[e2e] What's wrong with this picture?

Detlef Bosau detlef.bosau at web.de
Fri Sep 11 08:20:19 PDT 2009

zartash wrote:
> [ZAU] You mean the modulation, and not line coding? In any case, I am

To my knowledge, "modulation" and "line coding" are used synonymously.
> surprised that a change in modulation would change the delay (or service
> time, for that matter), by so much. 

Perhaps not that much, but in Germany we say: "Kleinvieh macht auch Mist".
The translation "many a mickle makes a muckle" seems to be quite useful 
here ;-)

In addition, it's not only the line coding but typically you adapt the 
channel coding and puncturing as well.

> By a variation in modulation, I would
> expect a change in data rate but not in the delay.

No. I refer to common sense ;-)

What is "data rate" at all?

In wireless networks, you do not have a "serialization delay" which 
spreads, say, 1000 bit into a block of 1 ms temporal duration. Instead, 
this 1000 bits are often separated into quite a number of "transport 
blocks" of, say, 200 bit or less (depending on the channel's condition 
of course) and each of these blocks is serviced then. Some may be sent 
once, others twice, some even three times until they are successfully 
read at the receiver - if this happens at all.

You cannot tell the necessary number of transmissions in advance. So, 
you cannot predict the time needed to convey this amount of data along a 
given line. This holds particularly true in systems with variable 

For this reason, you may well talk about the time needed to convey a 
transport block. Or, eventualy, the time needed to convey a packet. But 
it does not really make sense to talk about a "rate" here, because this 
"rate" may change every few bits in a packet.

>> For quite a few days now, I'm thinking on whether this delay variation
>> may even affect the algorithms for TCP RTO calculation (refer to Edge's
>> paper and its assumptions).
>> I'm not surprised about a multimodal behaviour here. If, I would be
>> surprised to see _only_ two modes here.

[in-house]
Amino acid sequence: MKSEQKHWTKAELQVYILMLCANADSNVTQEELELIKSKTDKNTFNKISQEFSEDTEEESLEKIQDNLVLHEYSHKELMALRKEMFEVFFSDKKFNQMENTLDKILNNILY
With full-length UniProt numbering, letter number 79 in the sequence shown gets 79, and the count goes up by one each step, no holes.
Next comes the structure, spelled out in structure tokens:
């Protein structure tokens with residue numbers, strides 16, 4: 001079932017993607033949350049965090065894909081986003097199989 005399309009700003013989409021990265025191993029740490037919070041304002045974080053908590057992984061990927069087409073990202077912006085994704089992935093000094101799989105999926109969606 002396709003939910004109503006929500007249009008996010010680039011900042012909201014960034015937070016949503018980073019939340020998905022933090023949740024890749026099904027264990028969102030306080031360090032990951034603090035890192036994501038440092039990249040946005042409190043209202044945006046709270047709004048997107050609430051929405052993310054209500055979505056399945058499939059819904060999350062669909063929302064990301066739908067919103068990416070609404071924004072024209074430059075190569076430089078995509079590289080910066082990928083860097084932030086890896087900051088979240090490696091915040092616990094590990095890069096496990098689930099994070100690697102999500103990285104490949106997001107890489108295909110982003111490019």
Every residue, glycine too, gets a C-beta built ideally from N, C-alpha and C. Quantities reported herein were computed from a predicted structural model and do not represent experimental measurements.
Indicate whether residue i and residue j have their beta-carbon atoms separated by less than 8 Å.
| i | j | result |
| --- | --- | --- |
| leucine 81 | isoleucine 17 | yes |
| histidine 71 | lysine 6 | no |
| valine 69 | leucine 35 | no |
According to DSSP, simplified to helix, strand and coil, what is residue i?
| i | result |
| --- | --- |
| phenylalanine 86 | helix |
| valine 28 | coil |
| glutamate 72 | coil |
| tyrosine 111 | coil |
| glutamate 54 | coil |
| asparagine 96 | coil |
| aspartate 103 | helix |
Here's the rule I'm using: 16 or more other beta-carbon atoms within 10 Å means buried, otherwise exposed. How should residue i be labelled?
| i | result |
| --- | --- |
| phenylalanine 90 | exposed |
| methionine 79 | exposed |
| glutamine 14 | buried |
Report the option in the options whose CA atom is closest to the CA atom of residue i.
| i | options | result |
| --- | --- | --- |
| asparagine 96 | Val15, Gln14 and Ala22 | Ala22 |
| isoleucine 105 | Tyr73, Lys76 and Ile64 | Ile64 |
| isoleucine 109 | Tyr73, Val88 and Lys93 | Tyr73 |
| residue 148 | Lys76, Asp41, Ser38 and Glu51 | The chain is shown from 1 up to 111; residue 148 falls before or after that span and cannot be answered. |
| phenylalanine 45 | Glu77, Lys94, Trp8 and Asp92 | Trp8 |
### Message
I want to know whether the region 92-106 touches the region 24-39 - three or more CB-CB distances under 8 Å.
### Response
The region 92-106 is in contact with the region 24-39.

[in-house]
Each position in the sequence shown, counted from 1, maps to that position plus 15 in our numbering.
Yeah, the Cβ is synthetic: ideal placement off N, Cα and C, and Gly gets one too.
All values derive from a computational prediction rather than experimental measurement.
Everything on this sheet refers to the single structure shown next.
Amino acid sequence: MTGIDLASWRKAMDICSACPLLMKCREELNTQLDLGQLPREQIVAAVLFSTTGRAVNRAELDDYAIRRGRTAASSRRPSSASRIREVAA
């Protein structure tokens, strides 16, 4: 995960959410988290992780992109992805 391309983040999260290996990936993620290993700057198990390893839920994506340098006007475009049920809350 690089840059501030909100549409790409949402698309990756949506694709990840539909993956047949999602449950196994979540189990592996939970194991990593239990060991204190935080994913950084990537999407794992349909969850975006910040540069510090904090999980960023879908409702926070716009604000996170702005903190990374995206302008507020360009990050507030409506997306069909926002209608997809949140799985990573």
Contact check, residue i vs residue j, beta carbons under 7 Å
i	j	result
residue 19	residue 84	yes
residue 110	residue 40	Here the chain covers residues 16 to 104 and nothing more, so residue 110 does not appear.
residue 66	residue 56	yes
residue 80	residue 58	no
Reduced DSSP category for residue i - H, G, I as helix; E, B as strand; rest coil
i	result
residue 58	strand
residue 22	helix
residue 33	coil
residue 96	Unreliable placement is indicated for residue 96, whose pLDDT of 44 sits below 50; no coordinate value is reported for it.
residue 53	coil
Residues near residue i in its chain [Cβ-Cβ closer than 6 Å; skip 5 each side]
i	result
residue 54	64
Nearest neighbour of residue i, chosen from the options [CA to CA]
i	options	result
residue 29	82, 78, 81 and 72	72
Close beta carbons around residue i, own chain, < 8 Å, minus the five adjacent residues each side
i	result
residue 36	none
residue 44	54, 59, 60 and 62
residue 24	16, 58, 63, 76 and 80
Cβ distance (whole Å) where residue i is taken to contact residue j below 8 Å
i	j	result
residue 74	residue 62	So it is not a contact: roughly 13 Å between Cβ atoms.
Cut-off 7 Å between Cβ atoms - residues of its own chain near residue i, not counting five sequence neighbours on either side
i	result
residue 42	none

> [ZAU] If I assume that the change in modulation does, in fact, impact the
> delay (for whatever reason!), 

It affects the time needed to convey a certain amount of data from the 
sender to the receiver. Hence, it directly affects the RTT in TCP.

> then I will NOT be surprised to see only two
> modes here. There are only three possible modulations in HSDPA and it is not

Three modulations, actually one channel coding (to my knowlege: Turbo 
Code 1/3), quite a few transport lengths and appropriate puncturing 
schemes and code occupations. Please keep in mind that HSDPA transport 
blocks are "wrapped around" a number of channelization codes.

In addition, the number of transmission attempts for a block may vary.

> [ZAU] At one time, WLAN uses one of the two modulation schemes (well, 11g to
> be precise!) which are DSSS 

DSSS is a spreading scheme, not coding. Coding / Modulation would be 
QPSK here or 16 QAM respectively.
> and OFDM but a number of connection speeds on
> each of these modulations. And yes, HSDPA uses one of the three modulation

neither DSSS nor OFDM ;-) (I'm not quite sure here, but I think, the 
channelization is achieved using Walsh-Hadamard Codes here.)
> schemes. In both cases, the modulation scheme and data rates at a given
> point in time are selected based on the channel conditions.

Basically yes.

However, this is the rate data is _sent_ with.

The rate, data is _successfully_ read with, may be different as we have 
to take into account retransmissions here.

> [ZAU] I am a bit confused here, are we mixing up throughput and delay here? 

Hm. Don't worry, I don't ;-)



Detlef Bosau		Galileistraße 30	70565 Stuttgart
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